At which of the two, will not be in my command!

Of, if only my torch might be extinguished twice!

So I could depart with the dawn and the sunset.

Gone, dancing over the ground! – Heaven’s daughter!

Her skirt filled with roses! Not breaking a stem!

I know I’ll die in the half-light! In hawkish night,

God will not choose to summon my swan’s soul.

My gentle hand pushing away the un-kissed cross,

I’ll rush into the generous sky, to that final greeting.

In the early twilight – answering with a broken smile…

– To the last death-rattle, I remain a poet!

December 1920


Like the sleeping, the intoxicated,

Unaware and unprepared.

The temporal abyss:

Remorse unsleeping.

Vacant sockets:

Dead and gleaming.

Dreaming, all-seeing,

Vacant glass.

Was it not you,

Could not endure

The rustling of her dress –

Reversing Hades’ windings?

Was it not this,

This head full of silvery sound,

Floating down

The sleepy Hebrus?

25th November 1921

Leaving for Berlin

I’m no prettier for these years of separation!

Will you not be angered? By rough hands,

That have grasped for black bread and salt?

– The partnership of common labour?

O let’s have no preening for a meeting

Of lovers! – No scorn of my common

Language – ill-advised and neglected:

A chronicle of my scattergun speech.

A disappointment? Say it, fearlessly!

– Torn from friends, from affectionate

Spirits – in a chaos, harbouring hope,

My clear grasp irretrievably broken!

23rd January 1922

Eurydice – to Orpheus (Tsvetaeva – to Pasternak)

Those abandoning their last ragged

Covering (no speech, no breath…!)

Oh, do you not exceed your powers,

Orpheus, in descending into Hades?

Those abandoning their last earthly

Ties…on a bed of lies they lie

And contemplate the great lie –

In sight – a meeting with the knife.

I have paid – for all these roses of blood,

For this loosely-fitting immortality…

As far as the Lethean upper reaches,

Beloved – it is peace I need,

Forgetfulness…for in the house of spirits,

Here –your ghost exists, yet is real –

I am dead…what can I tell you, but:

‘You must depart now, and forget!’

I’ll not be stirred! Not be drawn to you,

No hands, here! – No mouth, no lips

Meeting. Snake-bitten, immortality

Has put an end to female passion.

I have paid – remember my moans! –

For this final spaciousness.

No need for Orpheus to follow Eurydice,

Nor for a brother to disturb a sister.

23rd January 1922

The Seafarer

Rock me to sleep, starry boat!

My head’s tired of the waves.

Too long I’ve sought a mooring –

My mind weary of feelings:

Hymns – laurels – heroes – hydras –

My head’s weary of these games.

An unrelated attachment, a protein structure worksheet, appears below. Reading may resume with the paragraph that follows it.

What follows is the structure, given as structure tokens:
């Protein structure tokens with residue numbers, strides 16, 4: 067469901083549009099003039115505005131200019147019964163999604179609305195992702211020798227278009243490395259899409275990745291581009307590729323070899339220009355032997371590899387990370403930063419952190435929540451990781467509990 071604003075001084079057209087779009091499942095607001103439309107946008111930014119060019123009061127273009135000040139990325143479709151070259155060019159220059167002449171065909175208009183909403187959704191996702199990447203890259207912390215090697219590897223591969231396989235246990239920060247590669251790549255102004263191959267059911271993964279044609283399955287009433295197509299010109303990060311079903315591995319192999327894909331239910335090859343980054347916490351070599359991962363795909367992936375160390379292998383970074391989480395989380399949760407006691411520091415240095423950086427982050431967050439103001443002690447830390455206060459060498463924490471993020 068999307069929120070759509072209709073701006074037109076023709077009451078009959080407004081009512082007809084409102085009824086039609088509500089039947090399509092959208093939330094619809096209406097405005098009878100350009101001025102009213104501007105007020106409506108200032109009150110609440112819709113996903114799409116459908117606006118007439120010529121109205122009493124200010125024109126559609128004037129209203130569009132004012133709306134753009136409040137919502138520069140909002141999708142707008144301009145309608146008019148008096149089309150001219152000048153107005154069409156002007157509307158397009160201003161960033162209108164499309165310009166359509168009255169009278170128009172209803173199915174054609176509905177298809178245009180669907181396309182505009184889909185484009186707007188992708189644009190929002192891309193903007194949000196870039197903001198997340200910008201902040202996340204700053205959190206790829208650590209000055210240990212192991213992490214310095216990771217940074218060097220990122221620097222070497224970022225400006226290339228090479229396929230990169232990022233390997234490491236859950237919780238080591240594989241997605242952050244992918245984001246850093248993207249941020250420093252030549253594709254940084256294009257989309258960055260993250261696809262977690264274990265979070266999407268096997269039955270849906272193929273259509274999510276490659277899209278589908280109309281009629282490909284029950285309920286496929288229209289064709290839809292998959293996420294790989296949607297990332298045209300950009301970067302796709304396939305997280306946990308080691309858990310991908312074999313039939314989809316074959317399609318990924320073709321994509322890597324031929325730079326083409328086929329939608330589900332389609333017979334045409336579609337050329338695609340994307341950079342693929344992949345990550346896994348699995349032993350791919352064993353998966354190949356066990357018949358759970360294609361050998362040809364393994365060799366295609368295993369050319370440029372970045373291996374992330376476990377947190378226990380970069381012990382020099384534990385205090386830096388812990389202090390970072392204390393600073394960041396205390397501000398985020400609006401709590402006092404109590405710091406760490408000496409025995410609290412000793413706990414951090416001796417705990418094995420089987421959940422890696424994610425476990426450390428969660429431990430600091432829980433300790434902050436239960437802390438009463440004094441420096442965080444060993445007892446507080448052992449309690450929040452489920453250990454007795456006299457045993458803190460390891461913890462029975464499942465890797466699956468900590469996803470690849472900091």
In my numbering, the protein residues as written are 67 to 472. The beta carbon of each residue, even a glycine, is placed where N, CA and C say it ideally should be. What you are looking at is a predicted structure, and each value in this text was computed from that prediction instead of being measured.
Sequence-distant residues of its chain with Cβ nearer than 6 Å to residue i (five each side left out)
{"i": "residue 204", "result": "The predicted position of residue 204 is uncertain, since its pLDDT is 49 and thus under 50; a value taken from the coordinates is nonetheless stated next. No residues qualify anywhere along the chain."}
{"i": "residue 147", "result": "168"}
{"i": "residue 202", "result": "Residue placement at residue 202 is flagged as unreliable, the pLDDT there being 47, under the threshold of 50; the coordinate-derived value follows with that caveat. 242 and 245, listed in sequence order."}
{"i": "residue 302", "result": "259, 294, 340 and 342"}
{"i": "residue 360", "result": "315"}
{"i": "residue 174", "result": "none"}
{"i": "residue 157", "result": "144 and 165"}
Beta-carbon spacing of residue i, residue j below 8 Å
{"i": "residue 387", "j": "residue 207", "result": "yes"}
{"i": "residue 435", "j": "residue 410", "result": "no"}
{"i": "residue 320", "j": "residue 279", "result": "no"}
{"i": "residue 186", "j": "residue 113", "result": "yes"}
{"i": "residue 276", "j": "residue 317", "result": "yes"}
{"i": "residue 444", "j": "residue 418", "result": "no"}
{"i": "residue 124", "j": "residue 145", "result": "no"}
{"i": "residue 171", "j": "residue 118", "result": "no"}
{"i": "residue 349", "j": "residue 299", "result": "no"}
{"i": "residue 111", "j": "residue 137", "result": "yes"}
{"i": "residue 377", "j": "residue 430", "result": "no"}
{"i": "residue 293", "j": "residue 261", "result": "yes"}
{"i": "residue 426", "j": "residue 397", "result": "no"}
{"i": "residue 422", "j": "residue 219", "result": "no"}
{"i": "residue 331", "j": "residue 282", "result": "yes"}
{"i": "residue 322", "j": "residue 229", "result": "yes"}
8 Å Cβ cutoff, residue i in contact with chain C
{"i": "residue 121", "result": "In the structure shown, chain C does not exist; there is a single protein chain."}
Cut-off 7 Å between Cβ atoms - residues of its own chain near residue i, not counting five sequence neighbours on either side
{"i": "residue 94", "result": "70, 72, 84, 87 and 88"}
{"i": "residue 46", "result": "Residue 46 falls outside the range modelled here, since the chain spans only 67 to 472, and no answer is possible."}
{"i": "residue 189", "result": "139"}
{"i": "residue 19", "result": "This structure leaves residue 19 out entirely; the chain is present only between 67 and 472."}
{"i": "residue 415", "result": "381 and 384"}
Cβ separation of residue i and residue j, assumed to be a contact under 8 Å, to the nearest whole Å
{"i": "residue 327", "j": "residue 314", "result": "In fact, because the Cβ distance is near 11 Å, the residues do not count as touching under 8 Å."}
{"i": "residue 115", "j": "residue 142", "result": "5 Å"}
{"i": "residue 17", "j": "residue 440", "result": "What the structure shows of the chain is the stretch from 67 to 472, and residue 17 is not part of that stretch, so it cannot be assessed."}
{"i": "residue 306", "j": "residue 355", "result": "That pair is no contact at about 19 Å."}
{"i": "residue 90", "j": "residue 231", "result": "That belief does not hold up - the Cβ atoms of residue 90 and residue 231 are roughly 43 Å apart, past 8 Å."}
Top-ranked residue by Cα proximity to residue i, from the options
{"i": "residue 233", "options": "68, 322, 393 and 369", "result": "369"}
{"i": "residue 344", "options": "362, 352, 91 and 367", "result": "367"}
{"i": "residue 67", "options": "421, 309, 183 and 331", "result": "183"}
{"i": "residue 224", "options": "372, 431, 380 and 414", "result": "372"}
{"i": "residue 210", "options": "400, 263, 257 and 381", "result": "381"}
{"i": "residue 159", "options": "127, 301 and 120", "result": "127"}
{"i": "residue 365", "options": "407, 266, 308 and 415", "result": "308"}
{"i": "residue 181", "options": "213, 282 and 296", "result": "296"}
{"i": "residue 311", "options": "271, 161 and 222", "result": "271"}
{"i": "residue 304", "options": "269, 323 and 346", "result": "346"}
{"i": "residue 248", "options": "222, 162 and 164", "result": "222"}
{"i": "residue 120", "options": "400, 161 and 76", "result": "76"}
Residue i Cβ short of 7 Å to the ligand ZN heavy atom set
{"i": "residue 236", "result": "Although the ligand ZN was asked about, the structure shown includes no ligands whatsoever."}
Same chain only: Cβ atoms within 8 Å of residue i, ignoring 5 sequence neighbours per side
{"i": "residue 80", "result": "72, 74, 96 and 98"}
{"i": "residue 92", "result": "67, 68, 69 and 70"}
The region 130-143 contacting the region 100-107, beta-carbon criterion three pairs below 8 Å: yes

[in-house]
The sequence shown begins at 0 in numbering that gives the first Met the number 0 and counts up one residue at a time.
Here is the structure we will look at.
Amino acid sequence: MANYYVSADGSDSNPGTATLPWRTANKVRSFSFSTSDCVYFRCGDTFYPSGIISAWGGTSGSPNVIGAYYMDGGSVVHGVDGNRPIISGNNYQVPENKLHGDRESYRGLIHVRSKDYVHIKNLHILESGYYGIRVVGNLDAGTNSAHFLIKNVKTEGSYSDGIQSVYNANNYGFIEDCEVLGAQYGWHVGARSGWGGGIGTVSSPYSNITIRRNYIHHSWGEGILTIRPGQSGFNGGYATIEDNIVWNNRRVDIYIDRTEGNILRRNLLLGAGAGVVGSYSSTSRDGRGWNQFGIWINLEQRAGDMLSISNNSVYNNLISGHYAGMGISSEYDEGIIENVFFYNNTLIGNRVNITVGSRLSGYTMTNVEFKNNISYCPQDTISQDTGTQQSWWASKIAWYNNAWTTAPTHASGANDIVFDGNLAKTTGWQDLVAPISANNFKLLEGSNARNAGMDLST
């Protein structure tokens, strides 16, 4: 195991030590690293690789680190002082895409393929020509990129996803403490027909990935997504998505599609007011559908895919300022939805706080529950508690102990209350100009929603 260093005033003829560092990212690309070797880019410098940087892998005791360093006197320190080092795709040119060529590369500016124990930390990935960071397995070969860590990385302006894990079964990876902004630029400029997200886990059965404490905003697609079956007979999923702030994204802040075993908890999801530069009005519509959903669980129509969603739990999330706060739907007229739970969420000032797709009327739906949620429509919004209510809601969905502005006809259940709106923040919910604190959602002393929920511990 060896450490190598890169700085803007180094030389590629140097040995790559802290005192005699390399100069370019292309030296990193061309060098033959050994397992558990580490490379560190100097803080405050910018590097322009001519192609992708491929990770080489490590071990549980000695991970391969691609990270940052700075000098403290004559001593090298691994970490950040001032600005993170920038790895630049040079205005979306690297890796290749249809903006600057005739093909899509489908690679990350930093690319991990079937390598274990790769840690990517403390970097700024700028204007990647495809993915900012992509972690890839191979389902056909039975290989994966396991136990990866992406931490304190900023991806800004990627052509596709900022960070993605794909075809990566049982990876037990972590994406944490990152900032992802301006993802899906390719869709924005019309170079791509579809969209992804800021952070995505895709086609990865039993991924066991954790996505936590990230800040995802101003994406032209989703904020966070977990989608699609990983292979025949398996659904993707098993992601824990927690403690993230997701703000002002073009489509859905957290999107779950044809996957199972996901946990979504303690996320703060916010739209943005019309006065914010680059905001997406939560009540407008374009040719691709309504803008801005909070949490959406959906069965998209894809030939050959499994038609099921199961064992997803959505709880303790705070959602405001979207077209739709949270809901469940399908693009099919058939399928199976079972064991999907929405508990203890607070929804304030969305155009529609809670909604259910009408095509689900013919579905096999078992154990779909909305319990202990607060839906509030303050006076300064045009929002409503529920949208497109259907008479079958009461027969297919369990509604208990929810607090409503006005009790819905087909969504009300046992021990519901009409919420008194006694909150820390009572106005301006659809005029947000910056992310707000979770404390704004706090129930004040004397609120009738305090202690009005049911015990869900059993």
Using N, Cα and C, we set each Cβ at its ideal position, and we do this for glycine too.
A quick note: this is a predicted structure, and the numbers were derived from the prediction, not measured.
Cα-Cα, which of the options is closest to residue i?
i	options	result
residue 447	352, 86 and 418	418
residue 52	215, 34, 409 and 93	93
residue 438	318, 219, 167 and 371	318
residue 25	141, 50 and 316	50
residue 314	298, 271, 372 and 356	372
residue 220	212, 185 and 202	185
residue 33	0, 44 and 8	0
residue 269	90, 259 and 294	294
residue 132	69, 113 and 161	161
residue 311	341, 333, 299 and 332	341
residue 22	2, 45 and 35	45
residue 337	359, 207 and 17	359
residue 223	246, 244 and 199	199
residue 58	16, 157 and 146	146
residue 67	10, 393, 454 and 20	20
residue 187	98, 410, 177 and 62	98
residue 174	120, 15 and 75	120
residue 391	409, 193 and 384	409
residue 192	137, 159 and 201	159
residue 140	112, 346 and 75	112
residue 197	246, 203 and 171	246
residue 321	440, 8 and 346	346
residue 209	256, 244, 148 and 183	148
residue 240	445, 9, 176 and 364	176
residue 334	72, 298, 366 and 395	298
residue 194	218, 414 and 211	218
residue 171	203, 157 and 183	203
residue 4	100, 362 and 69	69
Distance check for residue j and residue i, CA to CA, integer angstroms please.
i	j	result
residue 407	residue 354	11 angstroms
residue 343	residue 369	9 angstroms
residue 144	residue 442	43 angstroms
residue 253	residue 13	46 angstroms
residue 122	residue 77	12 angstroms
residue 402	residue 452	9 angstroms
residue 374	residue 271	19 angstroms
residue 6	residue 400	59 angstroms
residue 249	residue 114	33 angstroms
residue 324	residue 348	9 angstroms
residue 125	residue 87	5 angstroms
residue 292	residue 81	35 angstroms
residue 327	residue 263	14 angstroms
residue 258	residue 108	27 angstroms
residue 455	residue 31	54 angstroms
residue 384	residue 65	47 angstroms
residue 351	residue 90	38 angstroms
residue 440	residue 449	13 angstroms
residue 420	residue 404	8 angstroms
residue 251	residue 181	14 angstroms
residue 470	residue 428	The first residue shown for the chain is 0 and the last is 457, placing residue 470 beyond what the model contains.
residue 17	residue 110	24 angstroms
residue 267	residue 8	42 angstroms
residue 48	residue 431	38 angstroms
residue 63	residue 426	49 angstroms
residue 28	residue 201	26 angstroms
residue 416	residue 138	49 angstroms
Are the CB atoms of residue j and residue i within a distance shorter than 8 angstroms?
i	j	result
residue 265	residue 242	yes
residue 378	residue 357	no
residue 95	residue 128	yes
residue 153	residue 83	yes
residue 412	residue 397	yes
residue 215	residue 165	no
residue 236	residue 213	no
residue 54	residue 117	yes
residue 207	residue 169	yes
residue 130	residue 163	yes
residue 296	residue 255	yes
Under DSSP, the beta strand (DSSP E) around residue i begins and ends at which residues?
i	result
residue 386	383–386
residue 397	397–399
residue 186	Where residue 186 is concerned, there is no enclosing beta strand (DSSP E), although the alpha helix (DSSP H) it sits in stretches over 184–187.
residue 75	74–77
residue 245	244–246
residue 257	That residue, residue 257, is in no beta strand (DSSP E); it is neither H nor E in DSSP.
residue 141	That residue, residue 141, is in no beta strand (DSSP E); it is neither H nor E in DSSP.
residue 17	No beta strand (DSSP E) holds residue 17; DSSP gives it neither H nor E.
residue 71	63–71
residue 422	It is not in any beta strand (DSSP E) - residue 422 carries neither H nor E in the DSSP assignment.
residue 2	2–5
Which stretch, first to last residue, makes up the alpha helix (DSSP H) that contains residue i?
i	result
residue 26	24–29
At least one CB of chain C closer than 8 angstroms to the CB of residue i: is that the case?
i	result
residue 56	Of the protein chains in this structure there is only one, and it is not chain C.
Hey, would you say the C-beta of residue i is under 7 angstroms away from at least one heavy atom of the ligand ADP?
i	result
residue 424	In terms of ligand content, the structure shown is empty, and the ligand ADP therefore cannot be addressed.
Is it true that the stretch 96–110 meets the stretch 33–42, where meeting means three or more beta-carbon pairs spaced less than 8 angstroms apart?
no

Let me lie on pine-needled grass –

My mind’s tired of these wars.

12th June 1923

A Meeting of Minds (For Pasternak)

In a world, where all

Are stooped and sweating,

I know – you alone

Mirror me.

In a world, where so many

Go wanting,

I know – you alone

Are my peer.

In a world, where all –

Is slime and spit,

I know: only you –

Are a match for me.

3rd July 1924

Poem for My Son

Our conscience – is not yours!

Enough! – Be free! – Forgetting all;

Children, write your own story

Of your passions and your day.

Here stand Lot’s family –

In the family-album!

Children! – You must settle

Your own score with Sodom’s –

Hail. Not at war with your brothers,

It’s up to you, my curly-headed boy!

Yours the land, the age, the day, the hour,

Ours the sin, the cross, the quarrel, ours –

The rage. Dressed in an exile’s

Rags from birth –

Cease to perform funeral rites

In that Eden, in which you’ve

Never lived! Among fruits – and views

You’ve never seen! Blind, those

Who lead you to perform such rites,

For a people who eat

The bread that you’ll be given – once

You’ve left Meudon – for the Kuban.

Our quarrels – are not your quarrels!

Children! Address the ills –

Of your own day.

January 1932

I’ve not sought revenge, and never will –

Nor have I forgiven, nor will forgive –

From the day my eyes opened – till the oak

Coffin, I’ll not lower myself – God knows,

I’ll not further the age’s ruinous descent…

 – Yet some are deserving of it? ...

No: I’ve fought in vain: against none.

Nor have I forgiven: a single thing.

26th January 1935

The Arrests

He’s gone – I don’t eat.

Stale – the taste of bread.

Everything – like chalk.

Whatever I reach for.

…Mine was the bread,

And mine the snow.

The snow’s not white.

The bread unpleasant.

23rd January 1940

Last Poem (On meeting Tarkovsky in the prison line)

‘I laid the table for six...’ Arseny Tarkovsky

Everyone repeats the first line,

Everyone passes on the word:

‘I laid the table for six…’

Yet you forget one – the seventh.

Mirthless the six of you.

Down your faces – the rain streams…

How could you, at such a table,

Forget the seventh one – the seventh?

Mirthless your guests,

The crystal decanter idle.

Disconsolate – are they, disconsolate – am I.

The unnamed the most disconsolate of all.

Mirthless and mirthless again.

Ah, they fail to eat and drink!

– How could you forget their number?

How could you err in the sum?

How could you, dare you, not know

That the six (two brothers, a third –

You yourself, wife, father, mother)

Are seven – since I am here on earth?

You laid the table for six,

Though the sixth is not yet dead.

As a scarecrow among the living,

I long to be a ghost – with you,

(With them) …timid as a thief

Oh – not touching a soul! –

Like an out of place implement,

I sit, the uninvited seventh.

6th March 1941